Being proactive in addressing the challenges

There’s a clear opportunity ahead for organisations to take the lead in cultivating new talent and in supporting learning to help bridge the digital skills gap. Businesses and individuals alike can benefit from an approach that creates new and exciting opportunities for development, growth, and innovation.

To achieve this, companies need to make learning and development a top priority and embed it into their overall strategy. One way to create a culture of learning is by offering employees training and development opportunities. This could include formal training programmes, workshops, seminars, online courses, and mentorship programmes. By investing in their employees, companies can ensure that they have the necessary skills to keep up with technological advancements and adapt to changing business needs.

In addition to offering training opportunities, companies should also create a supportive environment where employees feel comfortable asking questions and sharing knowledge. This could involve creating forums or discussion groups where employees can share ideas and best practices. However, one of the simplest and most effective ways to encourage learning, in a practical way, is by opening hackathons to everyone, regardless of their background.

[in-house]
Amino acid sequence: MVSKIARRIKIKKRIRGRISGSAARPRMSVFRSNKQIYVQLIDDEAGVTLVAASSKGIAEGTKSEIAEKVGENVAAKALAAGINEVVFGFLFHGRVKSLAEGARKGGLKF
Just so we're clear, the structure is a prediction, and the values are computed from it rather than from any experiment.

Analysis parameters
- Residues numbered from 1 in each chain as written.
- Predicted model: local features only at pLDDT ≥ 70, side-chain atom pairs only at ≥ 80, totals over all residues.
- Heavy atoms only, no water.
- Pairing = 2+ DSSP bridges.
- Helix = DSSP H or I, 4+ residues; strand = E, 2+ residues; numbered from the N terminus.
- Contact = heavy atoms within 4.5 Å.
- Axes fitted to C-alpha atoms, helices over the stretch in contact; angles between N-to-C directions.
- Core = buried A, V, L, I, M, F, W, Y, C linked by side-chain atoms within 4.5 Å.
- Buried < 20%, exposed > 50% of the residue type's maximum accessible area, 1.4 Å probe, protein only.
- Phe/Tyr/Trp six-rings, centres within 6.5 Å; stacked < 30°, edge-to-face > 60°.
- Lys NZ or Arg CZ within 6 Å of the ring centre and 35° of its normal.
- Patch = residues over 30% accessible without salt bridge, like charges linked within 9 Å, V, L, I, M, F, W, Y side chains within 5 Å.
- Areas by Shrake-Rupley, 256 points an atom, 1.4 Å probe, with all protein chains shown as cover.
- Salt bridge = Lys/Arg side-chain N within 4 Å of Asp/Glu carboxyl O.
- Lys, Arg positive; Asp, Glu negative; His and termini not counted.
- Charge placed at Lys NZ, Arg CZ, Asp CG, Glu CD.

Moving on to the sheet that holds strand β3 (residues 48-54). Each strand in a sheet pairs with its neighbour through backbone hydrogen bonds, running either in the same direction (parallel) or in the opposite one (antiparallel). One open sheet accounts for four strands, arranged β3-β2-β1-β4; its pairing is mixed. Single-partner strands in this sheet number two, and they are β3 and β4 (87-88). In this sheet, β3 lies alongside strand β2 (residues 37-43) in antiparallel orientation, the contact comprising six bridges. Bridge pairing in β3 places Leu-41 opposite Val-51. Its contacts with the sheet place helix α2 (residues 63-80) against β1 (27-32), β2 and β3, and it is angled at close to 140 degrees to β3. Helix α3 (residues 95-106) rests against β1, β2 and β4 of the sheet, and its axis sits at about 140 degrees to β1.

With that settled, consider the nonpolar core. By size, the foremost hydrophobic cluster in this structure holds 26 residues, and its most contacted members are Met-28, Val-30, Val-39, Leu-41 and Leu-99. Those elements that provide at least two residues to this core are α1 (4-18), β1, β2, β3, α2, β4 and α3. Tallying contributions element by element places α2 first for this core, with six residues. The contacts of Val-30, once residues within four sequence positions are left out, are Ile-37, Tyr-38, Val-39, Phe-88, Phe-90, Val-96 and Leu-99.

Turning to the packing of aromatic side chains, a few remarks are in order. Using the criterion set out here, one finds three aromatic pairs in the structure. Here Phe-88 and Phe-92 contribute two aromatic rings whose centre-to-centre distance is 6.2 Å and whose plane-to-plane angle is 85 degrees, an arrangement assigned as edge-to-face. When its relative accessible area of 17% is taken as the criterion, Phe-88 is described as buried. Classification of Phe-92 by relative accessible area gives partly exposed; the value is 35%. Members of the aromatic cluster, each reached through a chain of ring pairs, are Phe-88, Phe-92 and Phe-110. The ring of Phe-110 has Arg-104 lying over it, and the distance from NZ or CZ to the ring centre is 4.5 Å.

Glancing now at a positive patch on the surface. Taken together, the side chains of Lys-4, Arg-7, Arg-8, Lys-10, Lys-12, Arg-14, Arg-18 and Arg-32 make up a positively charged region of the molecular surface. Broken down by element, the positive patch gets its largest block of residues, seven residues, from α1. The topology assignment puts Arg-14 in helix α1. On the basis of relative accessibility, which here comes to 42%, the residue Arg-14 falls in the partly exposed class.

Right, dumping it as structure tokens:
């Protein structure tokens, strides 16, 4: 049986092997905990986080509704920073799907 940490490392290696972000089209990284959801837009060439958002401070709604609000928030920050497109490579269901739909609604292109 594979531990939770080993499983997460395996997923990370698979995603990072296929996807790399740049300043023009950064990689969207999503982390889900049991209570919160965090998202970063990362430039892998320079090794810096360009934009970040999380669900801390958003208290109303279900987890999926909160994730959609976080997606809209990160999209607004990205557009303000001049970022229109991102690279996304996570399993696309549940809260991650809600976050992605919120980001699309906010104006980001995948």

Hackathons are a great way to boost skills in emerging technology, even for non-technologists, due to the outcome-focused nature of the events. Business participants can work alongside technicians and engineers to experience the application of ML and AI first-hand in a ‘real’ environment, witnessing agile sprints and data science in a contained but valuable way. When your data science talent is on hand to run practical lessons, or ask-me-anything sessions, it encourages everyone to think like engineers and sparks a desire to keep learning.

Rewarding hackathon participants for playing a role is an additional incentive and can take the form of internal recognition or financial reward. Many people also value the sense of achievement for creating ideas that have a positive impact on the world of financial services, such as solutions based on inclusion or equity.

© shutterstock/Rost9

Attracting the right talent is more than offering higher salaries. It’s about creating and maintaining a sense of curiosity and making the opportunities to participate simple and open. Organisations must ensure they communicate the opportunities for career growth and development to candidates. They should also consider partnering with universities, industry associations, and other organisations to create targeted training programmes for students, encouraging them to pursue a career with them through mentorship and practical work experience.

Providing funding for skills development, such as those relating to industry-specific regulations, is another way organisations can encourage students to consider a career with them.

By working together, companies and educational institutions can create programmes that provide both current employees and the future workforce with the skills they need to thrive, as technology continues to evolve.

Contributor Details

Adam Lieberman

Head of Artificial Intelligence and Machine Learning